The above GIF was created from new 3D scans of the bullets that killed president John F. Kennedy. The GIF shows two bits of the bullets that killed the president along with another mostly complete bullet plucked from Texas Governor John Connally's hospital stretcher. The National Archives temporarily removed the historic projectiles from the vault so that the National Institute of Standards and Technology could create digital replicas of them at microscopic resolution. Next year, the digital replicas will become part of the National Archive's JFK Assassination Records publicly available online. From Smithsonian:
These bullets now enter the National Archives’ digital collection alongside three others thought to hail from the same firearm: two discharged as test shots, and another from an earlier failed assassination attempt on Army Major General Edwin Walker. All were imaged with a specialized microscope that scanned their surfaces, charting their features much like a satellite recording the topography of a mountain range. The pictures were then stitched together by NIST ballistics specialists to generate a vivid 3-D rendering detailed enough to show grooves left by the barrel of the gun.
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You've likely seen the stabilized, enhanced panoramic edit of the famous Zapruder film of JFK's assassination. Here's another angle—the less well-known Orville Nix film—with the same treatment. Though it's not as clear or as long as Zapruder, it's recorded from the other side, showing the grassy knoll and a ground-level view of the assassination. (Note that at least four people filmed the fatal shot, and possibly five.) Read the rest
You snooze, you lose. You have just missed the chance to bid on, and possibly own, the last car driven by Lee Harvey Oswald, which just sold on ebay. Read the rest
Scott writes, "We've just received word that our documentary short, The Silly Bastard Next to the Bed, will be debuting at the Full Frame Documentary Film Festival in Durham, NC next month. In the film, we set out to locate and interview 'the silly bastard' that JFK rants about in the YouTube phone call. The video has been a pretty big hit - as far as presidential phone calls go - and we're about to top 400K views. (Thanks, Scott!) Read the rest
This is incredible: multiple films of JFK's assassination not only superimposed and stabilized, but slowed down and interpolated to 30fps and allowed to build a panoramic view of the unfolding event. The interpolation makes it very untrustworthy, but the overall effect is fascinating: zoom and enhance for real. [Video Link] Read the rest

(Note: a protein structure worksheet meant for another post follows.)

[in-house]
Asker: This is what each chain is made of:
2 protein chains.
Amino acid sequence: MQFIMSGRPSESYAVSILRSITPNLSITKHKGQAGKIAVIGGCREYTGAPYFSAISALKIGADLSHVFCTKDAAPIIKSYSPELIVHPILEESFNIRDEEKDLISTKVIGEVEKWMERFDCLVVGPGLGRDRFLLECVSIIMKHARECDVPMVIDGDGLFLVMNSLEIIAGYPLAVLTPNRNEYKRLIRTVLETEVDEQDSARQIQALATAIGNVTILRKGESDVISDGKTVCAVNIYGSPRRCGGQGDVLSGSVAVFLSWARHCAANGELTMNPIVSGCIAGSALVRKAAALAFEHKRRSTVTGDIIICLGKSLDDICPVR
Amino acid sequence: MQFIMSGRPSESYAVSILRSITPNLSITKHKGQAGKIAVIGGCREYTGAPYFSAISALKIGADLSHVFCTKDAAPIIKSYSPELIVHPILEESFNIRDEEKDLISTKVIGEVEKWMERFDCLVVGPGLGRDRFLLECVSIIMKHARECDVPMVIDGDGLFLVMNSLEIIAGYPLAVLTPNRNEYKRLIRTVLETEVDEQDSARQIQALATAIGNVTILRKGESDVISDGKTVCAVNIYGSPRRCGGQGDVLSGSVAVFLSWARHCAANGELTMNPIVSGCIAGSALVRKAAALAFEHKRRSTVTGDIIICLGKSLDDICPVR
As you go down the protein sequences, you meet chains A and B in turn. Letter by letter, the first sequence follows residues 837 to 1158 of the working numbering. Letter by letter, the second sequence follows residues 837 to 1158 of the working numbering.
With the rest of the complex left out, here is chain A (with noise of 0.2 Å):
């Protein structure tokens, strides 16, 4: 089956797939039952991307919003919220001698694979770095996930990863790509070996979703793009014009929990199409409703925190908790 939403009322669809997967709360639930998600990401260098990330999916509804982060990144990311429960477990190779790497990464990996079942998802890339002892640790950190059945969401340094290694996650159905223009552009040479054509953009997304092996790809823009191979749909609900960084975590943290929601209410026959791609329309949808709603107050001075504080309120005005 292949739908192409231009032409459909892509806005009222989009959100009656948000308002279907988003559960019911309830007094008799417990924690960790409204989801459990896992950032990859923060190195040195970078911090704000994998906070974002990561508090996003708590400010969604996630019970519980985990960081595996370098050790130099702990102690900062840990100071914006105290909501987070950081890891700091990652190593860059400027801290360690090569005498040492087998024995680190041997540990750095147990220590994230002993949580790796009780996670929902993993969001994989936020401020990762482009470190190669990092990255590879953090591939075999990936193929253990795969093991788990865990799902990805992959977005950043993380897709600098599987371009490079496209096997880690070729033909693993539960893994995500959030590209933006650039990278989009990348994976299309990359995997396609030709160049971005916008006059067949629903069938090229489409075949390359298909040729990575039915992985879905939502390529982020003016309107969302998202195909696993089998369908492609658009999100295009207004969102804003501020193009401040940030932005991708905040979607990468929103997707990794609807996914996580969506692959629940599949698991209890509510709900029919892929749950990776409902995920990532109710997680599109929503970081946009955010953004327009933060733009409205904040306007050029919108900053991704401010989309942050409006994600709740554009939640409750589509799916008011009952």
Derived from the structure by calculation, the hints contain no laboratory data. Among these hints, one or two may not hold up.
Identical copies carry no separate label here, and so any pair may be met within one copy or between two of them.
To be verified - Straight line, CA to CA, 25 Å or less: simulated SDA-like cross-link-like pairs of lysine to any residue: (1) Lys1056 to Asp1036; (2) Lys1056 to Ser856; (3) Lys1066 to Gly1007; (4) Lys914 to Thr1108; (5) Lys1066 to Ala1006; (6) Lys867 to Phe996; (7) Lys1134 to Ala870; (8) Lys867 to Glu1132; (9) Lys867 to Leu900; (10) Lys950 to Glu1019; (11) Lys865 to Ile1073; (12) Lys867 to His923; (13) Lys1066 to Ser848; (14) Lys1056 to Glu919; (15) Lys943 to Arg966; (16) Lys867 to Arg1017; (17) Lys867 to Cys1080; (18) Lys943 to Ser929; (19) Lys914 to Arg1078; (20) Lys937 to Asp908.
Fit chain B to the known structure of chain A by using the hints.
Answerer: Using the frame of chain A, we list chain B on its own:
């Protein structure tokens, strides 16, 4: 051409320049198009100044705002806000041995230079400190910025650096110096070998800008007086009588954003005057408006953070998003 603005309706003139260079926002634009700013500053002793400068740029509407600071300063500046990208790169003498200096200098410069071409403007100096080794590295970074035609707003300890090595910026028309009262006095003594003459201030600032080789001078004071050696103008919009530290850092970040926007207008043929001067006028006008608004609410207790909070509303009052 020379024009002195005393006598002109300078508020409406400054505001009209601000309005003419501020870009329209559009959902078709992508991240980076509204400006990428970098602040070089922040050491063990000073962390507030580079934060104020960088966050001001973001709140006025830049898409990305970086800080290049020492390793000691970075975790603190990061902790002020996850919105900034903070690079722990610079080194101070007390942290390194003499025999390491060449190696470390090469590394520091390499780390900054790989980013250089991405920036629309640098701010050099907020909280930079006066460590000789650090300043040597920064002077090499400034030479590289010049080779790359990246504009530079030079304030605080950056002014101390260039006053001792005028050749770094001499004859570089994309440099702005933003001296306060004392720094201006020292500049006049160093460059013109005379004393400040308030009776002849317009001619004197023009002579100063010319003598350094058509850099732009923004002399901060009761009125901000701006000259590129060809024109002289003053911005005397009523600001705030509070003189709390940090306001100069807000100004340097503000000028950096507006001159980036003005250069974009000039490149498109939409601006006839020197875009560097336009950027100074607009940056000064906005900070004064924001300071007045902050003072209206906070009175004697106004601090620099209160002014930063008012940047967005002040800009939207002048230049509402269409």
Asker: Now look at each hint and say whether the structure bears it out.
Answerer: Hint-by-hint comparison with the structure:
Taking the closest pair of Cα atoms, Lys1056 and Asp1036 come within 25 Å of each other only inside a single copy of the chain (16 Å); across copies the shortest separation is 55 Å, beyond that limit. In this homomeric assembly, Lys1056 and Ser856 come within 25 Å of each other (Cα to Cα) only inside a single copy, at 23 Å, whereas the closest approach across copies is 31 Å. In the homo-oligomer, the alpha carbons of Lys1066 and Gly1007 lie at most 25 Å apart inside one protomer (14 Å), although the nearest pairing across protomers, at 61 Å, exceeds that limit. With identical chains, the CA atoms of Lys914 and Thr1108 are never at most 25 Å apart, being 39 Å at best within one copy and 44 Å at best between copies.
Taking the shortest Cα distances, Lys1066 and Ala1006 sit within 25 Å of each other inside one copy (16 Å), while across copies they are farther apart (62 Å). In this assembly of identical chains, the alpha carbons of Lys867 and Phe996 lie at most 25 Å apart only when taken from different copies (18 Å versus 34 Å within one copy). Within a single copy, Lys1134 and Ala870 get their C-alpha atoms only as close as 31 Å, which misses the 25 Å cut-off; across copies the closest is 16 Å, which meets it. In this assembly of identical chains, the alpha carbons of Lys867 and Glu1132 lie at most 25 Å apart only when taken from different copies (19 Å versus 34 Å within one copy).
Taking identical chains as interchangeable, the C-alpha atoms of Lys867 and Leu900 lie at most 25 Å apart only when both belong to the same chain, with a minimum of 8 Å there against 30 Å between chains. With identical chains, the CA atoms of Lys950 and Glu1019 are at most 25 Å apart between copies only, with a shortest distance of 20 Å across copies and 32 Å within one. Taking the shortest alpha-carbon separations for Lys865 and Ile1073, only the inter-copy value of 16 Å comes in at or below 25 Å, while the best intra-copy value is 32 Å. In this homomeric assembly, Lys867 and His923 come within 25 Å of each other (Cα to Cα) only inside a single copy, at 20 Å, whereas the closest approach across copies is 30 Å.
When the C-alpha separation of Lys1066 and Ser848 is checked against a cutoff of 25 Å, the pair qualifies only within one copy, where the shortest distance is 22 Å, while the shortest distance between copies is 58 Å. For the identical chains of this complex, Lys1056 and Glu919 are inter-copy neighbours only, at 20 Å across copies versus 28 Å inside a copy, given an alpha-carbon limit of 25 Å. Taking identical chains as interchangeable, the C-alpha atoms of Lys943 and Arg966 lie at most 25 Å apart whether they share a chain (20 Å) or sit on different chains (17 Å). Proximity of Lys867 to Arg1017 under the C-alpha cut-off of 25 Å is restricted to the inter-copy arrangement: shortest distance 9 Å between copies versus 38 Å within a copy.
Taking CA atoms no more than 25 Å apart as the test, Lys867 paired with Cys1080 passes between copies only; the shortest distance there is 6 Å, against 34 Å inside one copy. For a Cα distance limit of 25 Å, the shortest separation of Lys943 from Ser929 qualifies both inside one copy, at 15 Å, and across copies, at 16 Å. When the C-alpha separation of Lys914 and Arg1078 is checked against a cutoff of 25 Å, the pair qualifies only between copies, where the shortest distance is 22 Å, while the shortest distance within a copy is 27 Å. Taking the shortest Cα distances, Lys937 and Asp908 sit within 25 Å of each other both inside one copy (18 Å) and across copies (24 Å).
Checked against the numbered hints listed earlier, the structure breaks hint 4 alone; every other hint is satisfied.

I recently learned that some birds have been found to be able to isolate and control different parts of their vocal tract independently, allowing them to sing simultaneous double tones or alternate between frequencies very rapidly. I'm not sure about the particular species below, but I think it's safe to say that numerous birds on this album are at least using similar 'mad avian skills' to sound like synthesizers.
This album, recorded by celebrated ornithologist Johan Dalgas Frisch, (and first released on the Sabia label in 1961), was once in the Top 50 of Brasil's popular record sales. President João Goulart actually gave JFK a copy when he came to visit (click on thumbnail below for photographic evidence). Talk about a country with its musical priorities in the right place!
This collection of recordings isn't readily available in the states, but if you can't track down a used LP or torrent, it looks like you can buy it from this site in Brasil.
This post is a special 'avian edition' of a series about music that disorients the senses. I've found that some of the most amazing and jarring auditory illusions are not the usual scientifically distilled or synthesized ones, they're often found in folk music and made by people's voices. Of course, in a way, it makes perfect sense - the vocal chords are some of the most complex and advanced musical instruments in existence. They are ubiquitously available, and we've been experimenting with them for longer than any other sound-making implement. Read the rest